Crayta review (in progress)

by on June 29, 2020

Video game development is a multi-faceted beast, and quite often players enjoy picking it apart. We live in an age where social media rules the roost – where everyone’s a critic – and nobody is ever truly happy. Like Roblox, Fortnite’s Creative, and Dreams, Crayta gives people the chance to make their own game within a game. It provides plenty of tools to build your own multiplayer game, encouraging creativity and allowing ideas to flourish. Being a Stadia exclusive, it’s always interesting to me knowing developers continue to put faith in a product that is still in its infancy. The service hasn’t taken off in the way Google would’ve liked, but hopefully Crayta will be one of those games that changes that.

From the moment you start playing, it’s obvious how much work has gone in to making Crayta a fun and accessible title. The visuals are bright, with a definite Overwatch and Fortnite inspiration in the way characters look and move. You’ll start off by creating your avatar, choosing hair styles, outfits, and more. The Store lets you obtain new stuff the more you play, such as emotes, outfits, and sprays. Once you’re done, you’re allowed to dive right in to either playing one of the pre-existing games, or crafting your very own.

At the time of writing, the game isn’t out yet, and Crayta is very much about exploring the creative process with others, but unfortunately I wasn’t able to do so. We were invited to a multiplayer session, but sadly I couldn’t make it. For a game that requires more than one person to play the creations, the lack of involvement from fans could really harm its success. Although the collaborative elements eluded me, I was still able to play around with different templates and tools to make my very own game. There are pre-set games available for you to tinker with, such as Capture the Flag and Team Elimination, and you can literally redesign the rules, visuals, and mechanics as you see fit. It offers you the ability to change the slightest thing, or completely change how they look and play. You have an asset gallery with loads of stylistic choices to play around with, where you can add a whole manner of things.

There’s a definite Minecraft vibe to the creation process. You pick a selection of items to layer into your game which appear in a bar at the bottom of the screen, and from there you can easily switch between them to make your game look unique. You can be as basic or as complicated as you want, and Crayta provides almost every possible option for you to tinker with. I spent a fair amount of time creating my own Team Elimination, and I was blown away by the intricacies of how varied I could make it. The first thing I did was try and create a map that looked the part.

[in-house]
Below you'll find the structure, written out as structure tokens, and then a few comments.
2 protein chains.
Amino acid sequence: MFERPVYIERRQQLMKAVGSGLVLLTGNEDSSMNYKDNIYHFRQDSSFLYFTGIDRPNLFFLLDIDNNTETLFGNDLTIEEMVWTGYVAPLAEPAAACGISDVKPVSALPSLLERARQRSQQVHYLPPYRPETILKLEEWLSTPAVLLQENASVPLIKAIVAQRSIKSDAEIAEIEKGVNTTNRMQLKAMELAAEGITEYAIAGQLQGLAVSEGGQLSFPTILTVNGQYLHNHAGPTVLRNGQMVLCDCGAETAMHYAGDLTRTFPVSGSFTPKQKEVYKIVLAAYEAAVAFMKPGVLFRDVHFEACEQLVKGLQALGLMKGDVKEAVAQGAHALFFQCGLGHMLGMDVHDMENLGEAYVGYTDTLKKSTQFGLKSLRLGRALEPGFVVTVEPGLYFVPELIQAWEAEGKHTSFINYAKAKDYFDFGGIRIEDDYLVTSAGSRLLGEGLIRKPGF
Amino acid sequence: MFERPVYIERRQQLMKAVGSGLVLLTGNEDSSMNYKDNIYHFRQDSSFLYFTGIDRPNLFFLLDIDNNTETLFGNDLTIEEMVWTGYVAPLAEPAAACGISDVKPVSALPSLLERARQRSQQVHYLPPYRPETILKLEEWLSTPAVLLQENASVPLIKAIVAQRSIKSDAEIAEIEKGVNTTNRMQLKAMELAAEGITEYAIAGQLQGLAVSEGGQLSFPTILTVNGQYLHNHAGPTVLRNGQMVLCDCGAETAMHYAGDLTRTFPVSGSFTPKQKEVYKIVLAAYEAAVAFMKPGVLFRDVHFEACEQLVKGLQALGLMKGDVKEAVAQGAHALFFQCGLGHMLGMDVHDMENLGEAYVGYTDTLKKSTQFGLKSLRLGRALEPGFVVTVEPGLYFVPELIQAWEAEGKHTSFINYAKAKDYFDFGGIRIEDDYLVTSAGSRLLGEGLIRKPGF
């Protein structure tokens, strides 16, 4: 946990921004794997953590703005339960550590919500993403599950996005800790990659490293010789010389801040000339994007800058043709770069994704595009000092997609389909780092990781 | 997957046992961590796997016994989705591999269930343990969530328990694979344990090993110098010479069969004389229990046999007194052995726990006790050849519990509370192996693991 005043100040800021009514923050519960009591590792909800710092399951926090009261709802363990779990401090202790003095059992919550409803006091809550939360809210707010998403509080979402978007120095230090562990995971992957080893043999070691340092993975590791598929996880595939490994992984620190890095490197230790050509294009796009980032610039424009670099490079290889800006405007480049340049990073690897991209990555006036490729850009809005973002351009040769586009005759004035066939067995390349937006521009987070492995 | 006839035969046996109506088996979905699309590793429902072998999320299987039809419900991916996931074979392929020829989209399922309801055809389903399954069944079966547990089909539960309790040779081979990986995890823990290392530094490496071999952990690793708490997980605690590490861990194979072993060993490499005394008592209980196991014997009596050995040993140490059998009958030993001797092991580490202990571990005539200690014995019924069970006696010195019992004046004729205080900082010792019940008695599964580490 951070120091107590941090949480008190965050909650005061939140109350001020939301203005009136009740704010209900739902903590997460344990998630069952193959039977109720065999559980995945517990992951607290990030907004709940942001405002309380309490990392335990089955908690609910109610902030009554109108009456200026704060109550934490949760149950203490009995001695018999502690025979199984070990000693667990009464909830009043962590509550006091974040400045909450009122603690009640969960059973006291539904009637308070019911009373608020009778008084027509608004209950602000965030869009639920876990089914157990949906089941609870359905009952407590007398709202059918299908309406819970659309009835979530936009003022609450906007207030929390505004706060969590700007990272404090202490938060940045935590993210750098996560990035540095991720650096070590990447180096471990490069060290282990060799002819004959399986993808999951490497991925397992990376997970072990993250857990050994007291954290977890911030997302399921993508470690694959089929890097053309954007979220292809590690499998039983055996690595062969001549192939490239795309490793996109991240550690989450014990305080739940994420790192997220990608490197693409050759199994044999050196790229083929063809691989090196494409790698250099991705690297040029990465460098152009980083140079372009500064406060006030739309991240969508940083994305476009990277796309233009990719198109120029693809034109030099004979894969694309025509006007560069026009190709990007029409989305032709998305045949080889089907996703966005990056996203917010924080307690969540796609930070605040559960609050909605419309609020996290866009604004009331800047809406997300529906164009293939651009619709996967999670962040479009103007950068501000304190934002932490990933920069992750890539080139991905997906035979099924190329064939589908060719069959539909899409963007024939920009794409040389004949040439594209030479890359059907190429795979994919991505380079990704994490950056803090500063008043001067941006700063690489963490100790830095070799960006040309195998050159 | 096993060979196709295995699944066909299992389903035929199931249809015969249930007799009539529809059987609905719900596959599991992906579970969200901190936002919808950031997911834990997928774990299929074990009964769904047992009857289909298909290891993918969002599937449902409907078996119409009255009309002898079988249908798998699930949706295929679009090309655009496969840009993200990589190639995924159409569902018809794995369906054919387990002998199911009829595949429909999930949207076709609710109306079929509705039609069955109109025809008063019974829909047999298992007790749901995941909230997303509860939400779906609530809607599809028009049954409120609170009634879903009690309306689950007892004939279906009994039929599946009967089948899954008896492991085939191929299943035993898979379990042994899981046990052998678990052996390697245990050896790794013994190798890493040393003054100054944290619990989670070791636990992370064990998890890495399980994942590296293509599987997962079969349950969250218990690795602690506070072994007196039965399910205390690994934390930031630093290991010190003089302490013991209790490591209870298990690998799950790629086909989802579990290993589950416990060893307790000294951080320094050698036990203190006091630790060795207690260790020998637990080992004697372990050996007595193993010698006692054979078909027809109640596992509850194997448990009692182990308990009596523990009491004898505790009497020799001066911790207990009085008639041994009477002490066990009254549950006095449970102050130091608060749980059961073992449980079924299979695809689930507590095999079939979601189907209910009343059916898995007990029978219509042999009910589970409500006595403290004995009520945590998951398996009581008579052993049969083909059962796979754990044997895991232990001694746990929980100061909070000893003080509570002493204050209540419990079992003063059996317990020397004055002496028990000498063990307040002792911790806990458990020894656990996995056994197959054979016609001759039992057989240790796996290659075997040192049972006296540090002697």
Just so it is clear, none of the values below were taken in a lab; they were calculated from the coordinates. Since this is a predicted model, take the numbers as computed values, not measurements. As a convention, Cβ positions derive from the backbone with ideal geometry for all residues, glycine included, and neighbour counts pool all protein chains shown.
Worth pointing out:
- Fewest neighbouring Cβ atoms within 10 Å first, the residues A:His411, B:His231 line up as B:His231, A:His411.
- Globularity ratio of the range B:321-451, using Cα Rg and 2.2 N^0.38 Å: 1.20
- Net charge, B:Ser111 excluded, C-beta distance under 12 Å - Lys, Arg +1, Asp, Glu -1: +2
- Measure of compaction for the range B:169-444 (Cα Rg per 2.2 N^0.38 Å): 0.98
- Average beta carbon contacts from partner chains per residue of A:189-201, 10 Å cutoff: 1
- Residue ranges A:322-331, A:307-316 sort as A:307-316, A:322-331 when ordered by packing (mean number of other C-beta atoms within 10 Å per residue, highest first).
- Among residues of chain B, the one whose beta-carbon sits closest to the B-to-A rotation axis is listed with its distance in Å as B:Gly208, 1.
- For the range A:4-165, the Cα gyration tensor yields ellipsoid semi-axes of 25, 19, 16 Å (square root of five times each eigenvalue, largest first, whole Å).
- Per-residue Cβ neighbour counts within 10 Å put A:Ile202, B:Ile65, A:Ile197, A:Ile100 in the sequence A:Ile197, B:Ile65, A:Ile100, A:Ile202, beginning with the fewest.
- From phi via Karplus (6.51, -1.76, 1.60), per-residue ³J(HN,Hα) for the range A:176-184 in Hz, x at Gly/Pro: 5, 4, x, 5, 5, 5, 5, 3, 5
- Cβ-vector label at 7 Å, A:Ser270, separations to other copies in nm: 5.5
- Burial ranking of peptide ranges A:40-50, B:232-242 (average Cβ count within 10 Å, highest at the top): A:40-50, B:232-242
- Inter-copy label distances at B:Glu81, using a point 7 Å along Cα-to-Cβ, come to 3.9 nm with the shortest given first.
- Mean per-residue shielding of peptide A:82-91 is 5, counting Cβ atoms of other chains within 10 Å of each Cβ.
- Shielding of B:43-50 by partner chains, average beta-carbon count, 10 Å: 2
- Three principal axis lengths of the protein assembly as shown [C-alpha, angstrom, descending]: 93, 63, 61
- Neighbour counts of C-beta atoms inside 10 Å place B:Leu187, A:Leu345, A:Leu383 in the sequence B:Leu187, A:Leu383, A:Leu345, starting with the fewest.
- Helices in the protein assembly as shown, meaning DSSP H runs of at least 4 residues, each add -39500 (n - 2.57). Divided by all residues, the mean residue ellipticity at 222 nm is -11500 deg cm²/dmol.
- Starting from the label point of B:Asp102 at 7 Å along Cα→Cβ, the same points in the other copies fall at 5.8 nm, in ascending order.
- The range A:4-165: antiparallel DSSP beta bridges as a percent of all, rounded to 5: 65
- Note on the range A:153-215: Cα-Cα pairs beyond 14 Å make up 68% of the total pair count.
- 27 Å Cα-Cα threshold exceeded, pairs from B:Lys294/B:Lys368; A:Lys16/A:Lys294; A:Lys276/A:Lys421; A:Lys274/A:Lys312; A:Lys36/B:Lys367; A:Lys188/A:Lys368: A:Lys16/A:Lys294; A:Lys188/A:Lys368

I started off with grass, but there’s plenty of choice, such as carpets, ice, bricks, and lava. I could either add each block individually or fill the entire map with it. You can change the size of the block, spawn a ‘cloud’ of it, and layer everything depending on how precise you want it to be or how fast you want to build. Voxels make up the look of your map, and the Meshes provide you with objects you want to populate it with. There’re hundreds of things to choose from. Want to build a hospital wing filled with beds, chandeliers, cell blocks, fences, or gravestones? You got it. There are also little objects you can put in place like crates and basketballs, giving you 100% diversity in how you want your game to look.

You can add visual and sound effects to make elements of your game stand out, and Primitives allow you to edit practically every element of the HUD and gameplay. You can mess around with scoreboards, including which font and colour to use, the message that appears when a player joins a game, team names, whether you allow respawns, the pickup sound of a gun, and so much more. Crayta offers you the world, and it’s completely up to you how personal you want your game to be. I was a big fan of how easy it was to build my game. Literally anyone can make something in Crayta, regardless of age or ability.

For those of you who prefer a challenge, you don’t have to use one of the pre-set game modes. You can start from scratch, but I’d definitely play around in the templates available. As complex as it can be, Crayta allows you to grow as a ‘developer’ the more you play. It can be a challenge making sure you get it right, but the rewards are well worth the time you’ll spend creating. Out of all the games currently available that let you make your own video game, Crayta is definitely my favourite. I love the aesthetic because it feels familiar. It’s also easier to move around your map, letting you float or even use a drone to get from A to B. Swapping between edit and create is also done with the press of a button.

Currently, I haven’t been able to play a single game because of the lack of players creating because, obviously, it isn’t out yet. With it being on Stadia, I worry that this will continue even when Crayta comes out. It would be a real shame to see it fail because it’s been designed with all skill levels in mind. The concept behind having everyone work together to make unique games is a wholesome one, and it’d be disappointing if all this work was for nothing. Time will tell if Crayta makes an impact on its intended audience, but I sincerely hope it succeeds, because it’s definitely one of the best creative games on the market.